In the last years a large number of weather driven extreme events has occurred worldwide with unprecedented socio-economic impacts and are expected to increase, in both frequency and intensity, under future global-warming conditions. In this context early identification and predictability of such events are paramount as they mostly affect several socio-economic activities. Despite the effort in monitoring and evaluation of these extreme events, a quantitative assessment of their interaction is still a challenge. We propose to analyze if the occurrence of extremely hot days/nights in the summer is preceded by drought events in spring and early summer throughout the Mediterranean area. This was investigated by correlating the number of hot days and nights in the regions' hottest months with a drought indicator on the prior months. Drought characterization was performed using both the Standardized Precipitation Evaporation Index (SPEI) and the Standardized Precipitation Index (SPI) for the 3-, 6- and 9-months time scales, considering the period 1980-2014 with a spatial resolution of 0.5o. The number of hot days and nights per month (NHD and NHN, respectively) is determined for the same period and spatial resolution. Results show that the most frequent hottest months for the Mediterranean region occur in July and August. Most regions exhibit statistically significant negative correlations, i.e. high (low) NHD/NHN following negative (positive) SPEI/SPI values, and thus a potential for NHD/NHN early warning. This analysis allowed to identify the Iberian Peninsula, northern Italy, northern Africa and the Balkans as the main hotspots of predictability of extreme hot temperatures in the summer preceded by the occurrence of drought events in the spring or early summer.
Article 0 Reads 1 Citation Assessing the Use of Satellite-Based Estimates and High-Resolution Precipitation Datasets for the Study of Extreme Preci... Riccardo Hénin, Margarida L. R. Liberato, Alexandre M. Ramos... Published: 19 November 2018
Water, doi: 10.3390/w10111688
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An assessment of daily accumulated precipitation during extreme precipitation events (EPEs) occurring over the period 2000–2008 in the Iberian Peninsula (IP) is presented. Different sources for precipitation data, namely ERA-Interim and ERA5 reanalysis by the European Centre for Medium-Range Weather Forecast (ECMWF) and Tropical Rainfall Measuring Mission (TRMM) Multisatellite Precipitation Analysis (TMPA), both in near-real-time and post-real-time releases, are compared with the best ground-based high-resolution (0.2° × 0.2°) gridded precipitation dataset available for the IP (IB02). In this study, accuracy metrics are analysed for different quartiles of daily precipitation amounts, and additional insights are provided for a subset of EPEs extracted from an objective ranking of extreme precipitation during the extended winter period (October to March) over the IP. Results show that both reanalysis and multi-satellite datasets overestimate (underestimate) daily precipitation sums for the least (most) extreme events over the IP. In addition, it is shown that the TRMM TMPA precipitation estimates from the near-real-time product may be considered for EPEs assessment over these latitudes. Finally, it is found that the new ERA5 reanalysis accounts for large improvements over ERA-Interim and it also outperforms the satellite-based datasets.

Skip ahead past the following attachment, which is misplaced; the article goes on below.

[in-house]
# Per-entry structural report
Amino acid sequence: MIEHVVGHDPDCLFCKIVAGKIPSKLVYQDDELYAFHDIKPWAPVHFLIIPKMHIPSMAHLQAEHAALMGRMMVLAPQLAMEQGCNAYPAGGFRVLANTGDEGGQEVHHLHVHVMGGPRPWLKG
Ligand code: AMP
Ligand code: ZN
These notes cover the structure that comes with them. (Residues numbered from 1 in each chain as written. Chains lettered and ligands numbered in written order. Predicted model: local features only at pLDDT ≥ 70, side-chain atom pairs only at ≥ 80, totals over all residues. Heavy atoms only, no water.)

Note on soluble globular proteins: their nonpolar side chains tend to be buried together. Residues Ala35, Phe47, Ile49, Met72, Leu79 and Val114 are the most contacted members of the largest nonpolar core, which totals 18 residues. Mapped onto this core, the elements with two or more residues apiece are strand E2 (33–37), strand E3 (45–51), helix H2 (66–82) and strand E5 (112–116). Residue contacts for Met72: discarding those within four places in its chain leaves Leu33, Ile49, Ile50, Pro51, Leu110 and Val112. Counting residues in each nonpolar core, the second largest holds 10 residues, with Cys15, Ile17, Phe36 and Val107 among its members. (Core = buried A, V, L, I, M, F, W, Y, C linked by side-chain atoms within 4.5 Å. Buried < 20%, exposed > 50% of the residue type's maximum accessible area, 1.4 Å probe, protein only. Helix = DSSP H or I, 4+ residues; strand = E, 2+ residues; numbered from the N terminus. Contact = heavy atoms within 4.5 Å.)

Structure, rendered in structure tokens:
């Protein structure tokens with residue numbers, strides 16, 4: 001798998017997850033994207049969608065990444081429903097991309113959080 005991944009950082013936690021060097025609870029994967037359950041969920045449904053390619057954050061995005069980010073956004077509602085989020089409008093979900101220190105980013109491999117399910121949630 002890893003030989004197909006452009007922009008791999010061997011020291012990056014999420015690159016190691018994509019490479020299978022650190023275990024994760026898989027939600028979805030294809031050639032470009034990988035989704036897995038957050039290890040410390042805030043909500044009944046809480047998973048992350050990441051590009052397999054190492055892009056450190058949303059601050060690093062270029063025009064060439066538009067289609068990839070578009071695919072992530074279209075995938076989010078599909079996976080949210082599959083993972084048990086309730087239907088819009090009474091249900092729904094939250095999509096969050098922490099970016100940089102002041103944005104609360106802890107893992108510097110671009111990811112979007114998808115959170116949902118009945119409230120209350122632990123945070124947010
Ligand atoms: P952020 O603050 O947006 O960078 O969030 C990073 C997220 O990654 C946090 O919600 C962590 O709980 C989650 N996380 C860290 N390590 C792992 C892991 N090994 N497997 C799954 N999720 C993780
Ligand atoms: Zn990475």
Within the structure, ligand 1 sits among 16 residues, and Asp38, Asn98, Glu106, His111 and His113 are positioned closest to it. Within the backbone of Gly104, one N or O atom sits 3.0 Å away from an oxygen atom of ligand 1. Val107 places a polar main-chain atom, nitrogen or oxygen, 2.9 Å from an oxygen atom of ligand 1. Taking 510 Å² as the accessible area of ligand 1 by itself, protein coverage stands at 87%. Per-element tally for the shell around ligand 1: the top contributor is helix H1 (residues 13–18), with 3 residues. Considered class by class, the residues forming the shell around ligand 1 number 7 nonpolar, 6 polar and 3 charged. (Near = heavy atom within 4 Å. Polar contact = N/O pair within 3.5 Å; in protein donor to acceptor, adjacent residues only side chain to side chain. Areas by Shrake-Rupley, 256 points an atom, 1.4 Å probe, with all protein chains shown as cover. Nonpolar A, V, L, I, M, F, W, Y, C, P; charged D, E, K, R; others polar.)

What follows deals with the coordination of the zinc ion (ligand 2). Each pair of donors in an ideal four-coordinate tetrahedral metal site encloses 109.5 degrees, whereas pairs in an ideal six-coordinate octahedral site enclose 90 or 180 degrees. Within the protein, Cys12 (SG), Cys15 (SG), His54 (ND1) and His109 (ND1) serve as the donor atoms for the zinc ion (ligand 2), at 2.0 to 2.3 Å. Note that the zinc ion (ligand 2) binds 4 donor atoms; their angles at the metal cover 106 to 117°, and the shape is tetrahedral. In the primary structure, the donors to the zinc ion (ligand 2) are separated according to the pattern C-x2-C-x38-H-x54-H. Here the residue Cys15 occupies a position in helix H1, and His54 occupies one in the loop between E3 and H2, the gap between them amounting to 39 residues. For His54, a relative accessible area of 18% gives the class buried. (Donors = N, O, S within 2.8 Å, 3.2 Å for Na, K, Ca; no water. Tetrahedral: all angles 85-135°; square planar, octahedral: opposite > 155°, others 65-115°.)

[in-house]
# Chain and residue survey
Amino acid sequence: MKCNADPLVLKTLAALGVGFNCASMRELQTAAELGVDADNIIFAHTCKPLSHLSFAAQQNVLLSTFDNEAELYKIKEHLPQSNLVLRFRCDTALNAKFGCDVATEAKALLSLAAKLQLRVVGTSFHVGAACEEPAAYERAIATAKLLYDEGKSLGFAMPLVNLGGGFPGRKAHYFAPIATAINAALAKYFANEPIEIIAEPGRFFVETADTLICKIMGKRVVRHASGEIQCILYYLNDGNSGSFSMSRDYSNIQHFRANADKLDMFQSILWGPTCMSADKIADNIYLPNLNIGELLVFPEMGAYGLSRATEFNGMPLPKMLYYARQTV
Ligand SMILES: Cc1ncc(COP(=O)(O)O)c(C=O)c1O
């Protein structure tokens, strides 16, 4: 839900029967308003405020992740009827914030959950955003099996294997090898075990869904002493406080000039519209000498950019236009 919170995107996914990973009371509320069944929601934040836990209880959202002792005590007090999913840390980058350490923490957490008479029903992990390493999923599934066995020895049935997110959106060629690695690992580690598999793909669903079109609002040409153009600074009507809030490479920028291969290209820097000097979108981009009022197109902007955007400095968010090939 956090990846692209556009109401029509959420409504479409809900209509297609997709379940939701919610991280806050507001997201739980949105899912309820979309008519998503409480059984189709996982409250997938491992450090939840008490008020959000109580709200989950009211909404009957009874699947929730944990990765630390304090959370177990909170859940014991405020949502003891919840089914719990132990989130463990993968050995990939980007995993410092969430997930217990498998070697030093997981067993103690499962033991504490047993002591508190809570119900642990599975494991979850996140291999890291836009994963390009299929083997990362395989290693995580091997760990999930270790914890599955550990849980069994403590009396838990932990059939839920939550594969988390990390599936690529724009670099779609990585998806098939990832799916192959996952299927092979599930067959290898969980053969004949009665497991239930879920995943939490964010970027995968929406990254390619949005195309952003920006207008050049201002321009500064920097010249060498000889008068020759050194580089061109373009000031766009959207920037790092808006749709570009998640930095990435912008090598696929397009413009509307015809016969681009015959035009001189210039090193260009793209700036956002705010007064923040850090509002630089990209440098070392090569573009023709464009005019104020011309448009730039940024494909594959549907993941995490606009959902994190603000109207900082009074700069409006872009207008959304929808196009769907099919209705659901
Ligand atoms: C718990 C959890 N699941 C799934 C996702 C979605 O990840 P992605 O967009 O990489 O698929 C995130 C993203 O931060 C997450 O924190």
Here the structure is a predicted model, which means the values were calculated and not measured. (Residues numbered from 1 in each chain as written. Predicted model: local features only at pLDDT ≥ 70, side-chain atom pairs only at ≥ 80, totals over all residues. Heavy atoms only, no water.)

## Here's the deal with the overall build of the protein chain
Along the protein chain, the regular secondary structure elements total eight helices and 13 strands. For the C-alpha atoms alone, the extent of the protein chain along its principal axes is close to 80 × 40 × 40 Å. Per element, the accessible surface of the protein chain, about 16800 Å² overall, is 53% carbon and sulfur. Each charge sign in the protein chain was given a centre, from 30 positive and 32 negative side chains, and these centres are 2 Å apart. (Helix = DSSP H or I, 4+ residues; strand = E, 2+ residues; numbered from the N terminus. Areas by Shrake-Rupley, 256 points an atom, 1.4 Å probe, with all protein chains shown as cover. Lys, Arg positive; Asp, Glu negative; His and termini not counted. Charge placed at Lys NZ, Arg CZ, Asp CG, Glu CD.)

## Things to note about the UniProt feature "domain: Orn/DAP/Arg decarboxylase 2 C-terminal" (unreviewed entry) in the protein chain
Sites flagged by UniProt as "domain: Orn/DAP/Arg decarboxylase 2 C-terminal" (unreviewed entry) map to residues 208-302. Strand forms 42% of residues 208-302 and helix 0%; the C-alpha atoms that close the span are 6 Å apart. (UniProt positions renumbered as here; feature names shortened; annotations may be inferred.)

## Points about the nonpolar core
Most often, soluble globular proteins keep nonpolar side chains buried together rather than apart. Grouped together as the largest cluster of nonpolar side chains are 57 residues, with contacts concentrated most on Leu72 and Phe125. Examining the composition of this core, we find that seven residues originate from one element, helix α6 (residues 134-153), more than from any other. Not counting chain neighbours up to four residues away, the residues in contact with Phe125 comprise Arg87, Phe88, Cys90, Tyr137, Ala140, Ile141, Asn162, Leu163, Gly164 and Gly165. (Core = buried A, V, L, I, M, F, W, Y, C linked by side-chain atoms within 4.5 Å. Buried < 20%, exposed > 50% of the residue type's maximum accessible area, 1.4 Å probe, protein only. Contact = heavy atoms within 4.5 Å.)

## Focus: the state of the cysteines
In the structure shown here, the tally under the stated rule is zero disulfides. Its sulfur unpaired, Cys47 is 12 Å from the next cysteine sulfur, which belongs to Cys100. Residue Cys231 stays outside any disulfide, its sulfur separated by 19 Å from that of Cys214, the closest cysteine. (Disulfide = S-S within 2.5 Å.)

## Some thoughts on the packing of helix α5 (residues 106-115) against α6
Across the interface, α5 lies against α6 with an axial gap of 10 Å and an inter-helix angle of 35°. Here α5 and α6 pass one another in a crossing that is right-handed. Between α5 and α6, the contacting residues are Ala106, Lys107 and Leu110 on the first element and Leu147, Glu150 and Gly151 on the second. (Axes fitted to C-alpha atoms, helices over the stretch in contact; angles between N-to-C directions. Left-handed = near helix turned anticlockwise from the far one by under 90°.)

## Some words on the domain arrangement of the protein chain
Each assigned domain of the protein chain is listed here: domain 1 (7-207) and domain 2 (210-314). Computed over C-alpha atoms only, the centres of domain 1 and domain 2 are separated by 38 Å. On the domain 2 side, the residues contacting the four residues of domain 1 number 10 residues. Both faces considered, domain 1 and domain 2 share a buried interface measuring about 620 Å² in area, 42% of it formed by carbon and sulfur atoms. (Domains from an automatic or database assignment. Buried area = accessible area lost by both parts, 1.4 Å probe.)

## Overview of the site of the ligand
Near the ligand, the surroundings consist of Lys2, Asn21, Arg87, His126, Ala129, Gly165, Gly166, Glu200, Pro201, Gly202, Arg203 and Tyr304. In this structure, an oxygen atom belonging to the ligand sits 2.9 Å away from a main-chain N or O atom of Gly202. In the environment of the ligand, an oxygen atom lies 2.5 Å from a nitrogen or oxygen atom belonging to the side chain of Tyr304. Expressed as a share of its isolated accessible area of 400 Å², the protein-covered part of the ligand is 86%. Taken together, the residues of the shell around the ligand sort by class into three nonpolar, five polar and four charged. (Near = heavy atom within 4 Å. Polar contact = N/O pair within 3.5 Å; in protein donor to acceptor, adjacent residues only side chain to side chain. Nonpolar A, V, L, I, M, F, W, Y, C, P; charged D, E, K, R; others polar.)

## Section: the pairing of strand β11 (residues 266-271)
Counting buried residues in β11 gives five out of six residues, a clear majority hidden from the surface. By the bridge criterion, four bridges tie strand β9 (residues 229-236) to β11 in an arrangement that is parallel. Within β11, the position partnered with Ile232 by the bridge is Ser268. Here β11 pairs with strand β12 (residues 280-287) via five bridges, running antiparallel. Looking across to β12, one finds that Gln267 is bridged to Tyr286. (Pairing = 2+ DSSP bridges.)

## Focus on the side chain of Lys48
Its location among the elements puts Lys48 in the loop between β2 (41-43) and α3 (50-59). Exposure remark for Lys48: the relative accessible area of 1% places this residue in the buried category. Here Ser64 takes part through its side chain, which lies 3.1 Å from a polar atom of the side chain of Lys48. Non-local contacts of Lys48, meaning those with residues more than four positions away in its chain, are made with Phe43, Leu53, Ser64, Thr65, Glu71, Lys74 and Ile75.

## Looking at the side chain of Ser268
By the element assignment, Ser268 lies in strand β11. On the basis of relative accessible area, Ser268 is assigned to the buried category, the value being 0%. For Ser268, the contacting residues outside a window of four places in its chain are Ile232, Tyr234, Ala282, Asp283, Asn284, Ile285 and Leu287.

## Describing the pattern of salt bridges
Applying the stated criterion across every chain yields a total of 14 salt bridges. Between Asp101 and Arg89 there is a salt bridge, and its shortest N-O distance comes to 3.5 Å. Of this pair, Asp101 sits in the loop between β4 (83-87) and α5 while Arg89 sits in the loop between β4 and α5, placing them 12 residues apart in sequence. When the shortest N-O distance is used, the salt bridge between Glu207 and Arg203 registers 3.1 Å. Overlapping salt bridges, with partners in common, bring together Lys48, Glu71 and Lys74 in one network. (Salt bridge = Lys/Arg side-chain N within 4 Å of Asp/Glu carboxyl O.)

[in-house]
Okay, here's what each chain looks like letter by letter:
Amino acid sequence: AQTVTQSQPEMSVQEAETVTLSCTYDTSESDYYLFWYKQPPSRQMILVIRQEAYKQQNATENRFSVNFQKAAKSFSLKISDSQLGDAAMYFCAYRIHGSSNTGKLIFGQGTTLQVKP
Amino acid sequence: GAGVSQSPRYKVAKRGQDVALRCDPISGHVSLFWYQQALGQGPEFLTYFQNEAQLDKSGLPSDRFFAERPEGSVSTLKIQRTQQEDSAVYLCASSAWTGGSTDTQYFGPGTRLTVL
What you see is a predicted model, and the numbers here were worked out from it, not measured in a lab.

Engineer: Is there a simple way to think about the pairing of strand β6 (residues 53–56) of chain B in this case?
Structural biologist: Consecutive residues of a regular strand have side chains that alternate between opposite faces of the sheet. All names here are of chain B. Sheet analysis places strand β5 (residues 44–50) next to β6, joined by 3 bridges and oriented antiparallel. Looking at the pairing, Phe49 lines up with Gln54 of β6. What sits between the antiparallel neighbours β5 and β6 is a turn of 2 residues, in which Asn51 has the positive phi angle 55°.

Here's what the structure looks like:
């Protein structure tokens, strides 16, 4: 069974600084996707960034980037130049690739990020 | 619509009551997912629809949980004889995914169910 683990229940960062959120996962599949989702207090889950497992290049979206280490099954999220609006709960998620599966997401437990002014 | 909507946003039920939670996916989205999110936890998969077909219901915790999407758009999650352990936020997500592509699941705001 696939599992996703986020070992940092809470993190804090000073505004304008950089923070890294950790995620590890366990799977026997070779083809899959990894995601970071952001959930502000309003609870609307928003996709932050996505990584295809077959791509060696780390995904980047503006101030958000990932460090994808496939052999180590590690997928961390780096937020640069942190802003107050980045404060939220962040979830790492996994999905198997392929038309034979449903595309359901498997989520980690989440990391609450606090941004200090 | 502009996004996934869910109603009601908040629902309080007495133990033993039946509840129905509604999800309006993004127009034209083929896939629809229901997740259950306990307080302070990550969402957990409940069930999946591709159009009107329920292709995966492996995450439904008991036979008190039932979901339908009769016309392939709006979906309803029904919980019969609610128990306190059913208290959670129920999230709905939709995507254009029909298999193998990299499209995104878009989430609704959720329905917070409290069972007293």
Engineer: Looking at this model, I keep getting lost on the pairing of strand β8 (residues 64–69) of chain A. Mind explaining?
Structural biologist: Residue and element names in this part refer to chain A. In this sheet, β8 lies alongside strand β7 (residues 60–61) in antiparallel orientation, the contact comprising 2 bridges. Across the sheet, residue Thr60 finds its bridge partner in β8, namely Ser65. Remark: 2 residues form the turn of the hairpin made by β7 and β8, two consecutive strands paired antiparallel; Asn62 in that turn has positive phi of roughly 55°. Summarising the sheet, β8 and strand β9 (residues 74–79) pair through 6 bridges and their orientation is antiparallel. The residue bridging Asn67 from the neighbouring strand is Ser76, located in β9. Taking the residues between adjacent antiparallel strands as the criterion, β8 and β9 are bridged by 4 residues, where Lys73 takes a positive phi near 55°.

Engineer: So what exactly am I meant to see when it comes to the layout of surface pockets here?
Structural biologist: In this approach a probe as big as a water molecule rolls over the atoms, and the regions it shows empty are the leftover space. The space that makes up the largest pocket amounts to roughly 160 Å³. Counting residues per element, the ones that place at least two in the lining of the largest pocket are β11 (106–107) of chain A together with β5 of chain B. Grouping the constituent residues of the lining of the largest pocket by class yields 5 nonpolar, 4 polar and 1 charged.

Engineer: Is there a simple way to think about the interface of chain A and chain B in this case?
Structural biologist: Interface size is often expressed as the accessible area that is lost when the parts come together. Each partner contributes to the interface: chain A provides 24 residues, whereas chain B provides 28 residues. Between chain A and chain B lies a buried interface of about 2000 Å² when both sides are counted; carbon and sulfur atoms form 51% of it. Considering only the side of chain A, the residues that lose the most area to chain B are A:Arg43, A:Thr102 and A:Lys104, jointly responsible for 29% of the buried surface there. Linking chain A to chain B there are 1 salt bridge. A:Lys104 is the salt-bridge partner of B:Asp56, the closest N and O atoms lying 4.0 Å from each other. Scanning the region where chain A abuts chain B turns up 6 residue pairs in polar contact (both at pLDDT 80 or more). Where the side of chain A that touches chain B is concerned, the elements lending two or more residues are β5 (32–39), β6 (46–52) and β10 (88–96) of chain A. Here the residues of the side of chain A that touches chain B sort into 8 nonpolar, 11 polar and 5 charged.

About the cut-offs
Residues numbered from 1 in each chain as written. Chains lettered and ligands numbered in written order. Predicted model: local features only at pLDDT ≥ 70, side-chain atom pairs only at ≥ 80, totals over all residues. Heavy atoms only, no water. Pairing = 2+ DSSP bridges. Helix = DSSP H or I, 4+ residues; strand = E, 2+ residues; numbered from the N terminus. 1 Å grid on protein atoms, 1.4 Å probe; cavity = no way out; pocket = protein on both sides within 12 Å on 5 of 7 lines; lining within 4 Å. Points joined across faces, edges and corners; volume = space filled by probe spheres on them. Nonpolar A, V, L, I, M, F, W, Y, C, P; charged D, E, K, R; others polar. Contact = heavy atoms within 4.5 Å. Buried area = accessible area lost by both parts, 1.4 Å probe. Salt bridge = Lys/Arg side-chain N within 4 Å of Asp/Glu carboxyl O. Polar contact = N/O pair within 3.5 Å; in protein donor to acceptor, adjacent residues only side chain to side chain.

Article 1 Read 1 Citation Assigning precipitation to mid-latitudes fronts on sub-daily scales in the North Atlantic and European sector: Climatolo... Riccardo Hénin, Alexandre M. Ramos, Sebastian Schemm, Célia ... Published: 04 September 2018
International Journal of Climatology, doi: 10.1002/joc.5808
DOI See at publisher website
BOOK-CHAPTER 2 Reads 0 Citations Post-Fire Vegetation Recovery in Iberia Based on Remote- Sensing Information Célia Gouveia, Patrícia Páscoa, Carlos Dacamara Published: 09 May 2018
Forest Fire, doi: 10.5772/intechopen.72594
DOI See at publisher website
CONFERENCE-ARTICLE 39 Reads 1 Citation <strong>Evaluating extreme precipitation events on the Iberian Peninsula using TRMM satellite data</strong> Margarida Liberato, Riccardo Hénin, Alexandre Ramos, Célia G... Published: 10 November 2017
Proceedings of First International Electronic Conference on the Hydrological Cycle, doi: 10.3390/CHyCle-2017-04880
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An assessment of extreme precipitation events (EPEs) is performed using the high-resolution (0.2°) gridded daily precipitation database available for the IP, the accumulated precipitation from ERA-Interim reanalysis by EMCWF at 6-hour intervals, and the Tropical Rainfall Measuring Mission (TRMM) Multisatellite Precipitation Analysis (TMPA) dataset, based on multisatellite estimates of precipitation and gauges measurements, for the common period since 1998. This study presents an analysis and validation of the extreme precipitation characteristics over IP, using both satellite and ground observations. Results show that there is a good general agreement between total precipitation analysis from observational gridded and TRMM datasets, both temporal and spatially, although TRMM TMPA results are underestimated when compared to observations and ERA Interim data.